Source: Intel

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  • Operandi - Monday, March 22, 2021 - link

    Intel's CPU archs are impossible to keep track of.... So Ice Lake is Sunny Cove 10nm ++ something, something, but Tiger Lake is Willow Cove 10nm++ something else?

    So..... Sunny Cove is only for Xeon why? I guess I don't get why there isn't a desktop version of this if 10nm now to the point where they can make chips this big at this performance. Like why bother with Rocket Lake, this has to be better?
  • drothgery - Monday, March 22, 2021 - link

    Sunny Cove was in Ice Lake U (10xxGx mobile) and is now in Ice Lake SP (Xeons and maybe a Core-X variant?); it's on what most press calls Intel's 10nm+ but Intel just calls 10nm and pretends Canon Lake never happened.

    Willow Cove is in Tiger Lake U (11xxGx mobile), should be in Tiger Lake H very soon (11xxxH mobile), and I think it's in Sapphire Rapids (Xeons and maybe a Core-X variant?). That's 10nm SuperFin (or 10nm SF) in Intel's terminology but would have been 10nm++ previously.

    Cypress Cove is in Rocket Lake desktop chips (11xxx), and is a backport of Sunny Cove to 14nm.

    Golden Cove will be in Adler Lake (12th gen, supposedly for mobile and desktop). That'll be 10nm Enhanced SuperFin or 10 nm+++ if you like that better. If the code name for the Xeon based on it has leaked, I haven't heard it.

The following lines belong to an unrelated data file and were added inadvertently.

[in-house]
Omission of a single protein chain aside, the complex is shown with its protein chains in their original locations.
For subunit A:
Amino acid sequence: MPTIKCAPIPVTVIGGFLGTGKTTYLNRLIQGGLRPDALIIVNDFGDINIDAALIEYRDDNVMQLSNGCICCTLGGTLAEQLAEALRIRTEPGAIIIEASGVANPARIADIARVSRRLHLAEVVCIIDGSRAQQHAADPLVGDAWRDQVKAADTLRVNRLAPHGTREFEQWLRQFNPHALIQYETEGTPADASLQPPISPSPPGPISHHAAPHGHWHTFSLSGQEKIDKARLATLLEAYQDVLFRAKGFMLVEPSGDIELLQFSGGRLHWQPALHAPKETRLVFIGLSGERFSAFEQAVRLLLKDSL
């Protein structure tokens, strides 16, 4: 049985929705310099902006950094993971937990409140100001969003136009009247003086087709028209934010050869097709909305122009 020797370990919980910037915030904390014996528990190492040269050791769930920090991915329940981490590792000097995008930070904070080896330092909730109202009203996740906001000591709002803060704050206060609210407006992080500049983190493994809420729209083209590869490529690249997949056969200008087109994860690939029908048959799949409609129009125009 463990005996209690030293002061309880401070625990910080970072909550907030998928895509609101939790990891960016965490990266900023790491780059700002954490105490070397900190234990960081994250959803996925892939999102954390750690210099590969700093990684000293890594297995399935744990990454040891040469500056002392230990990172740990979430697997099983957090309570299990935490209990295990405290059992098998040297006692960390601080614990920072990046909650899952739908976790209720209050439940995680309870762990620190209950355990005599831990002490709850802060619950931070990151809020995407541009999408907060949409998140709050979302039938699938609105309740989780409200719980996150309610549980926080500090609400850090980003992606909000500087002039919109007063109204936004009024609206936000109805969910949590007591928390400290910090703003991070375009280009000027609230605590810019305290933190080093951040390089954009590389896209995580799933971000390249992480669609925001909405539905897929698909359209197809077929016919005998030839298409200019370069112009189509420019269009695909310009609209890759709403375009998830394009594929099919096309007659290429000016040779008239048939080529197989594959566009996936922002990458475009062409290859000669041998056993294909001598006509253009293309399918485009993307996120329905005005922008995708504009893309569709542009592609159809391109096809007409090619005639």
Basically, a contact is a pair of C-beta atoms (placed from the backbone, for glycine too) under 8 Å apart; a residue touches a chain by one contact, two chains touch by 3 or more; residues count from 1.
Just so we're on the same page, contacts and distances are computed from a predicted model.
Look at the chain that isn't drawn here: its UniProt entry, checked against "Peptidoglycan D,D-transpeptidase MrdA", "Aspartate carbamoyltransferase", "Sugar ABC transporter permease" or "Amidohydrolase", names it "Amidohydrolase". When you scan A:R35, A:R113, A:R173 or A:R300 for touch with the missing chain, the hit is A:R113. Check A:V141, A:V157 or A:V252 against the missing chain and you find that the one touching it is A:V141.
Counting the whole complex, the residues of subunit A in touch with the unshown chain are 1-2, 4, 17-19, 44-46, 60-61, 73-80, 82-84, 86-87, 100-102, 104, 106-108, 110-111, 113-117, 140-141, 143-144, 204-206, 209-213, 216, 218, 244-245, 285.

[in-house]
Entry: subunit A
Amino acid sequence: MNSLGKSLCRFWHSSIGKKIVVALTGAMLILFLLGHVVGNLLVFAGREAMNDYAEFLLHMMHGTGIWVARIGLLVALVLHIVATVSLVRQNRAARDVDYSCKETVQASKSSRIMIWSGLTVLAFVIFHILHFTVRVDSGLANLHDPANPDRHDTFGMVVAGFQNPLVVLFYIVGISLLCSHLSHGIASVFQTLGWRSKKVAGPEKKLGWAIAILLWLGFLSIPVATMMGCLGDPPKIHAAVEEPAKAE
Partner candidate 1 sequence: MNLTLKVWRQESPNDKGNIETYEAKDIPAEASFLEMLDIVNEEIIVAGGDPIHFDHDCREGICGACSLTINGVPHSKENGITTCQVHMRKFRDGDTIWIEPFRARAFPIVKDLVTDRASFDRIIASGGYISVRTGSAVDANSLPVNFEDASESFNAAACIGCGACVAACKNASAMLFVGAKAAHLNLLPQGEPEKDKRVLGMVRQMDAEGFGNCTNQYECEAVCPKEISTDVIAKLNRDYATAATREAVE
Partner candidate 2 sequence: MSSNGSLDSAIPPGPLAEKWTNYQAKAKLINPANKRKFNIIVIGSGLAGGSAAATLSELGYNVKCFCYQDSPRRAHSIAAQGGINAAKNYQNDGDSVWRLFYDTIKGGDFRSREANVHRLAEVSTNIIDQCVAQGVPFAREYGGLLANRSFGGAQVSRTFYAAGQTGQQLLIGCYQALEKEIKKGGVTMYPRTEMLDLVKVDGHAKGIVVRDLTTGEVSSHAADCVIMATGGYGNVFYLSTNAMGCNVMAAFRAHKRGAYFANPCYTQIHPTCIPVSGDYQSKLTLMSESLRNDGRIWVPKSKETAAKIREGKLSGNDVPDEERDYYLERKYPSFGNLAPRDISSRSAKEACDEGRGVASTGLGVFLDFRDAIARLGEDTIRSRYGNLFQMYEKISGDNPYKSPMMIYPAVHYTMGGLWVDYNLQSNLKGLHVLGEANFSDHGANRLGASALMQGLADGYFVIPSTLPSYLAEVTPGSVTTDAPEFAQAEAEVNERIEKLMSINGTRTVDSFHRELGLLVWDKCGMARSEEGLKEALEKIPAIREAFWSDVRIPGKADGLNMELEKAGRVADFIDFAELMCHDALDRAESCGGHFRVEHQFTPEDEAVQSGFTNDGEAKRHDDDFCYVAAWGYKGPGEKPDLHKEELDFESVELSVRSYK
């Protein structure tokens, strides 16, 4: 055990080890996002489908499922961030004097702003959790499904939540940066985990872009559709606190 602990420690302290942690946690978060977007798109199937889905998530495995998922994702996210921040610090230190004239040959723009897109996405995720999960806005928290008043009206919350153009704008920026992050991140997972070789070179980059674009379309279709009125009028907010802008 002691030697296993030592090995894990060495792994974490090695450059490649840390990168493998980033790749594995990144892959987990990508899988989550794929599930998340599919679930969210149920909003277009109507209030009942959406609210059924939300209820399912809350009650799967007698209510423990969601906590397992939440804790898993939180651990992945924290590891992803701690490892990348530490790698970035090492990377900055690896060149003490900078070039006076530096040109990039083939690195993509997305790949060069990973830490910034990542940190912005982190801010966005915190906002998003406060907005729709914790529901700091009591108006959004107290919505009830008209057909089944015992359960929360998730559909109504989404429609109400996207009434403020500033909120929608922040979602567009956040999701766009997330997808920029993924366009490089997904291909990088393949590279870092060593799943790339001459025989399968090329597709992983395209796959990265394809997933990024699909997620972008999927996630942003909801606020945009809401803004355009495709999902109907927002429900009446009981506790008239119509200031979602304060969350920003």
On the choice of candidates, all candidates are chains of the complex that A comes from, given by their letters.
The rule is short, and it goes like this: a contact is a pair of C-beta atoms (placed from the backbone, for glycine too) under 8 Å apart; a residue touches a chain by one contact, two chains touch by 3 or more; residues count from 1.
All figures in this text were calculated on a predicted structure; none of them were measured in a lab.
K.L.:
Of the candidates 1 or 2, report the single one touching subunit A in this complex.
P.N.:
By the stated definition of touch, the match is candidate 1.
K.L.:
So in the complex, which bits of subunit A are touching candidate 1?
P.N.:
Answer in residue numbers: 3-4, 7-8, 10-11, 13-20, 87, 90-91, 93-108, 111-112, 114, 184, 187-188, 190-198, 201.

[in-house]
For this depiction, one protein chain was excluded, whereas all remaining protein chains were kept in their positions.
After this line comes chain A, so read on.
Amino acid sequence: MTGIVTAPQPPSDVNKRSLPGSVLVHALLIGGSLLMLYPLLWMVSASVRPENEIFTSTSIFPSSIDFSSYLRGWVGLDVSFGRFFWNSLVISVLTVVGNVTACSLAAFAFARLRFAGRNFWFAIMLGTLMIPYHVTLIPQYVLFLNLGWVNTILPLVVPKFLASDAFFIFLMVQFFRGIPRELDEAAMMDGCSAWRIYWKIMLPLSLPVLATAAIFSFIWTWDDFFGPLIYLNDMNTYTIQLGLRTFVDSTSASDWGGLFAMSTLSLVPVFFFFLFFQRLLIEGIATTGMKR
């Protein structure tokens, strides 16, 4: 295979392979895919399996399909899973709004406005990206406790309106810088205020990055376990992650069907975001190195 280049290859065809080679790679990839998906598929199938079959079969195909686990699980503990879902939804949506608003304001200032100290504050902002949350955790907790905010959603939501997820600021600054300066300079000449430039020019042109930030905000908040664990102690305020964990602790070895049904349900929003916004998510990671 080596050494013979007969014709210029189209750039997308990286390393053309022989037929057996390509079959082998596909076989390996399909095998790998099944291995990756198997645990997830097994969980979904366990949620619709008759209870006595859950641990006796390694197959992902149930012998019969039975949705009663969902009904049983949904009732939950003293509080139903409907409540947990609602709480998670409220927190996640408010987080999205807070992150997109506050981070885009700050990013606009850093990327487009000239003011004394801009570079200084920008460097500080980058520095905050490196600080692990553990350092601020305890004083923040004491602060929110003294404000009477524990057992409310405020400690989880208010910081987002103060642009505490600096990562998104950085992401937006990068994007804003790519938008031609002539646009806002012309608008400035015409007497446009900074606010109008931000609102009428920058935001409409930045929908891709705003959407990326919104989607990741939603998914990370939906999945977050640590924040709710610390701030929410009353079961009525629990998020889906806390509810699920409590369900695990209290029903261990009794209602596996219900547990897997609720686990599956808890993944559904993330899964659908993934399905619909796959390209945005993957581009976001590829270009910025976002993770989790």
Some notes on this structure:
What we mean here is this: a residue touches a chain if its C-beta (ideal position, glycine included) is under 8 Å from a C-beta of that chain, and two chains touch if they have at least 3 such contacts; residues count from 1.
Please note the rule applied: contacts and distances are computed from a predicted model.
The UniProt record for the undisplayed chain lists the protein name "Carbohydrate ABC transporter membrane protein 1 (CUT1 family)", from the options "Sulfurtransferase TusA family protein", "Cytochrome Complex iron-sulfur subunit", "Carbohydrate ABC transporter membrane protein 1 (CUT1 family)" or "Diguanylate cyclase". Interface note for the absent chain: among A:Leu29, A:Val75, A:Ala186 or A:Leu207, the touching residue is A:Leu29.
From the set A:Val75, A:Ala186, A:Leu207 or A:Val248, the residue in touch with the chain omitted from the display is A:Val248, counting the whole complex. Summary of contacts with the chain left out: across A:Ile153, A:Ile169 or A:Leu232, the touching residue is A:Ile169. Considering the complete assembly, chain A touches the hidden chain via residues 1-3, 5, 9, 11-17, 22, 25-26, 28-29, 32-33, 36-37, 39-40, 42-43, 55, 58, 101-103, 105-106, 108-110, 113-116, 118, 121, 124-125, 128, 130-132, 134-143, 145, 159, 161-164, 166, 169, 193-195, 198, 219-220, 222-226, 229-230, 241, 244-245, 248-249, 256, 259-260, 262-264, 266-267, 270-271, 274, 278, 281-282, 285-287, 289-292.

Meteor Lake (haven't heard the CPU core code name) in Q1 2023 is supposed to be on 7nm, I think.
  • Operandi - Monday, March 22, 2021 - link

    I read that and the next thing I remember is waking up on the floor with my face in small pool of drool. Not sure how long I was out for.....
  • JayNor - Monday, April 5, 2021 - link

    Sapphire Rapids has Golden Cove cores.
  • EthiaW - Sunday, March 21, 2021 - link

    Perhaps intel is simply too ashamed to launch these products because they cannot beat AMD Millan even in cherrypicked workloads.
  • mode_13h - Sunday, March 21, 2021 - link

    AVX-512 is their usual go-to, when they want to gin up some good-looking benchmarks. I think it's also responsible for a fair bit of Rocket Lake's claimed IPC improvements.
  • PaulHoule - Monday, March 22, 2021 - link

    Weren't the Xeons the bad guys in Gundam? Didn't they crash one of O'Neill's Island 3 colonies into NYC or something like that?

    I have been offering my services as a branding consultant to firms like

    who want to name a high-temperature gas cooled reactor "Xe" and I can't tell if they are talking about the Xenon-135 radioactive pollutant or the notorious low performance graphics card architecture. Going high end is like Trabant competing in F1.

    Best thing that can happen for those two letters is that Dell buys a bunch of OEM-only graphics cards and discreetly trucks them to a landfill in Lousiana like those E.T. cartridges from Atari.
  • mode_13h - Monday, March 22, 2021 - link

    Exactly. Different spelling but same pronunciation: Zeon

    And exactly how high do you have to be to pitch the idea of naming a GPU line after an elemental symbol frequently pronounced as "xenon", when one of your main and most venerable CPU brands is Xeon? Likely the same genius who thought it was a good idea to inject precious metal names into their server CPU models... exactly the market that is *most* specs-focused and *least* likely to get fooled by bling!

    On numerous occasions, over the years, I've even heard people misread or misremember Xeon as "xenon". Intel is just *begging* for market confusion!